Recent research has identified dancing as having a significant positive effect on age-related decline in both mental and physical activities.
We know that the brain shrinks as we age. And lower brain size is related to memory problems and diseases like Alzheimer’s or other forms of dementia.
We also know that physical activity has a positive impact on brain health, particularly improving hippocampal volume. This study compared aerobic physical activity — walking and biking — with dancing and looked at the effect on the hippocampus.
Why the Hippocampus
The hippocampus is the part of the brain associated with memory, learning and balance. As we age, our hippocampus will shrink. That process accelerates in very old age. Diseases like Alzheimer’s affect the hippocampus even more. This is one reason our memory, balance, and ability to learn new material are affected as we age.
The hippocampus is also a part of the brain that has demonstrated the ability to create new brain cells. It can increase in size — and normal age-related shrinking can be counteracted.
Aerobic exercise has been shown to increase the size of the hippocampus. This German study was interested in examining different kinds of aerobic exercise to see what type of exercise was optimal.
The Dance Challenge
The study examined individuals over 18 months. One group was in a dance training program, the other group was in a cycling and Nordic pole walking program.
The dance program required the participants to learn new dance steps every two weeks. So, there was a continuous learning aspect to the program. Dance classes involved new choreography which the participants had to memorize. The dance choreography was designed to challenge the balance system including single-leg stances, skips and hops, steps used in the mambo, cha-cha, grapevine, and other jazz steps. The participants had to remember and perform the dance moves without overt instructor assistance.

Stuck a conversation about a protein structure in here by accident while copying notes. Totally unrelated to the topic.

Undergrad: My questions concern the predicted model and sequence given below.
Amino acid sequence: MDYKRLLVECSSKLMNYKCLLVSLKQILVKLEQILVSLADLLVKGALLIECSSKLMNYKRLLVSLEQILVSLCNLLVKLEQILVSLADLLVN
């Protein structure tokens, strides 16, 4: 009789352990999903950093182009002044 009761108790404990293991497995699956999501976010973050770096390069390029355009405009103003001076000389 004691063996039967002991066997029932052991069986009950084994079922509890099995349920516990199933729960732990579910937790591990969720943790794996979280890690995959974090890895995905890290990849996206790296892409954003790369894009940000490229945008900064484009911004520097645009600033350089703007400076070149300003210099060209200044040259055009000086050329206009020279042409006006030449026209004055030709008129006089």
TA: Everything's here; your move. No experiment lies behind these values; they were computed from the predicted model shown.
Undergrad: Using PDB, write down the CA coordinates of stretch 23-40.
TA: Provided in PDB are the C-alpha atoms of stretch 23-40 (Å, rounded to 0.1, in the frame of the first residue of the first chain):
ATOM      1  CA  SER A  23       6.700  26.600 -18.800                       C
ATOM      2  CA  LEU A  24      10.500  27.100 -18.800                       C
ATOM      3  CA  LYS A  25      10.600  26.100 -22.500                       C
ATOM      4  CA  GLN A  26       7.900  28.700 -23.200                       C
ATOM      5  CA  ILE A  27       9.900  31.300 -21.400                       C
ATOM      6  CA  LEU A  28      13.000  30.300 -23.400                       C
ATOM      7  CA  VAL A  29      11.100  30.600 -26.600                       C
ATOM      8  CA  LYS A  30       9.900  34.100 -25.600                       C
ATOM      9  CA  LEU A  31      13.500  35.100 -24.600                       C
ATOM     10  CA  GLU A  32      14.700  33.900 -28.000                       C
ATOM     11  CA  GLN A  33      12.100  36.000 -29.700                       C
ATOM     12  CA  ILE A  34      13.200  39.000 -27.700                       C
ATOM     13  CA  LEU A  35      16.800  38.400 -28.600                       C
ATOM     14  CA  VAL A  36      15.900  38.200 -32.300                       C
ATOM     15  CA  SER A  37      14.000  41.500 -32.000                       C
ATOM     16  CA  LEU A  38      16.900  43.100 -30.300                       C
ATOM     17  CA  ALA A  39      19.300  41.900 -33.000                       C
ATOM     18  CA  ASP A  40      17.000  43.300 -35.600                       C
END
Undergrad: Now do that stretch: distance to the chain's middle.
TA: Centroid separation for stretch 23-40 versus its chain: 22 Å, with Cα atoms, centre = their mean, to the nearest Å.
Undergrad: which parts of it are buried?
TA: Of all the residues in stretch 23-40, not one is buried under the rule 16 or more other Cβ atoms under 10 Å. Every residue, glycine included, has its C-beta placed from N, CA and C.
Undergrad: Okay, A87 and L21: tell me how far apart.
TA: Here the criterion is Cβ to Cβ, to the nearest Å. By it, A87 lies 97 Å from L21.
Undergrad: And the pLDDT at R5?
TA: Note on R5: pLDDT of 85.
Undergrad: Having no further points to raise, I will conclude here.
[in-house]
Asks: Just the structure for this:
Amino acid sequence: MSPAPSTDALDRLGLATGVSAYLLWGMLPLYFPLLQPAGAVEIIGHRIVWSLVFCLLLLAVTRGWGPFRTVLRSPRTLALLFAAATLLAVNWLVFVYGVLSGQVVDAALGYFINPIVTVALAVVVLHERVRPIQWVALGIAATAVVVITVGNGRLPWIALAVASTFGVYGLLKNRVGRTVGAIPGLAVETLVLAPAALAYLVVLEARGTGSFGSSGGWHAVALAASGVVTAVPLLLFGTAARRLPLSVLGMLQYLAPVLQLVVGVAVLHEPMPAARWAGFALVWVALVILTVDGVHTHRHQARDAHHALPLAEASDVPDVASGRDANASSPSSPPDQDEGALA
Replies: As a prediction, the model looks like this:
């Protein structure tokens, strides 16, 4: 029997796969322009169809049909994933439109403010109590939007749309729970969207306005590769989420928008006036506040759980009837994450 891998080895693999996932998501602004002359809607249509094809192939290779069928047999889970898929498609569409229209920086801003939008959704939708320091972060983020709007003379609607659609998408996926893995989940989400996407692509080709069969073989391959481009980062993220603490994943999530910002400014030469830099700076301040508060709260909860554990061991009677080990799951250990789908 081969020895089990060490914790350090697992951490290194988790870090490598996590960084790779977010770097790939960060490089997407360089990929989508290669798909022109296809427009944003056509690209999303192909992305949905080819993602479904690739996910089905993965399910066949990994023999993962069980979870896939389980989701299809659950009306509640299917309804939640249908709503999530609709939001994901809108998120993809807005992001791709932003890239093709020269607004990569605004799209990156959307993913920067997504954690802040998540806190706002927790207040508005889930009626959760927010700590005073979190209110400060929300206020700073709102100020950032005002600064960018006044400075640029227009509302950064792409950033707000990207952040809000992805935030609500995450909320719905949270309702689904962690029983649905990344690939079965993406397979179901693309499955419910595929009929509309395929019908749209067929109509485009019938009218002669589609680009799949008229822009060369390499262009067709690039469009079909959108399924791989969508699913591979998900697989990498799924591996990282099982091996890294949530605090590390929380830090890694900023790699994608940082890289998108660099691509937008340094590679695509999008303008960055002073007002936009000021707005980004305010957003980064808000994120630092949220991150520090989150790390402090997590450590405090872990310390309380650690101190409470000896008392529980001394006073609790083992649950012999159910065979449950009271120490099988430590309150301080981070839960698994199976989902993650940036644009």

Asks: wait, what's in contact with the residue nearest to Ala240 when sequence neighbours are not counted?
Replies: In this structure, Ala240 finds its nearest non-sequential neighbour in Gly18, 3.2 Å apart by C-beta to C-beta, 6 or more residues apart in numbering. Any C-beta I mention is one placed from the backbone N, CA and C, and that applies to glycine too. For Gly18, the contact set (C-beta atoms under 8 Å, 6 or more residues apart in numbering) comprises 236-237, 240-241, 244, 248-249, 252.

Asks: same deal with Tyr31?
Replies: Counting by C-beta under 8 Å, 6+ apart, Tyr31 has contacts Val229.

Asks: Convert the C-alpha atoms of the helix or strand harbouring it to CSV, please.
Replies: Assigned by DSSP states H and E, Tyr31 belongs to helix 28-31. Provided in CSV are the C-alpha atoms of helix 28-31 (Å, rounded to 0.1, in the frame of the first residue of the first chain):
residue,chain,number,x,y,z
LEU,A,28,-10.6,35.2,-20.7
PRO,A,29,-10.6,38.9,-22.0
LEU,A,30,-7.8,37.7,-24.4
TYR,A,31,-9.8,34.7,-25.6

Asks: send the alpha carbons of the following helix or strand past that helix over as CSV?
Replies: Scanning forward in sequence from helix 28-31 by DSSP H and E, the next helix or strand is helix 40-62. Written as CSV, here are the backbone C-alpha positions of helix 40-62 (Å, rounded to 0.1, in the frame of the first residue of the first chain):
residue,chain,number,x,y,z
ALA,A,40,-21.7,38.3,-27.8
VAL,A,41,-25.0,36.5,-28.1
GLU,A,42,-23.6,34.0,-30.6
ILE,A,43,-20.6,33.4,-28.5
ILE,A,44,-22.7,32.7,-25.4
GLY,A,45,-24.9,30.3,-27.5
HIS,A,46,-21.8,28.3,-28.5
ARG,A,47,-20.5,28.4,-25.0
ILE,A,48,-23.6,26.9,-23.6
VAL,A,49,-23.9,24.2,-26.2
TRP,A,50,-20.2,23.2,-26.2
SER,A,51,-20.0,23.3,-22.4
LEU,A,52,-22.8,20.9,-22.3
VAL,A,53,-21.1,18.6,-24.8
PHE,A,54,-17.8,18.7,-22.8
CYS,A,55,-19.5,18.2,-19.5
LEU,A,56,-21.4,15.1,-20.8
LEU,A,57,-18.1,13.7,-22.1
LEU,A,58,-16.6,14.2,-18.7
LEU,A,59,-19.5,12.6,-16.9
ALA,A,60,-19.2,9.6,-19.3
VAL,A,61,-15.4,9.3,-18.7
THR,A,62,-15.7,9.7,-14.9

The other group did not have a continuous learning aspect to their fitness-training program. They did endurance training on the bicycle for 6 months and then did Nordic walking for 12 months. They also engaged in strength training and flexibility training.
The Dance Difference
The study used MRI and other measurement tools to determine the volume change in the hippocampus. All participants were healthy seniors between the ages of 65 and 80. There were no group differences at the beginning of the study.
While the hippocampus did increase in volume in both groups, the dance group saw significant increases in right hippocampal volume.
The dance program, which combined physical activity with a mentally challenging task, remembering the dance steps, had a significant impact on the hippocampus.
This study is further evidence that life-style factors can significantly impact the aging brain. The social aspect of the group activities was important as was the combination of physical and cognitive activities.
So physical activities like dancing, Zumba classes, or my favourite, synchronized swimming combine both physical exercise with a cognitive component and will have a maximum impact on the brain’s hippocampus.
This is good news for the aging brain.
Nicole has trained hundreds of professional and family caregivers who have touched the lives of thousands of individuals living with a cognitive impairment. Nicole also holds a law degree from Osgoode Hall Law School, a Master’s in Law from Queen’s University specializing in Negotiations and is a Certified Professional Consultant on Aging.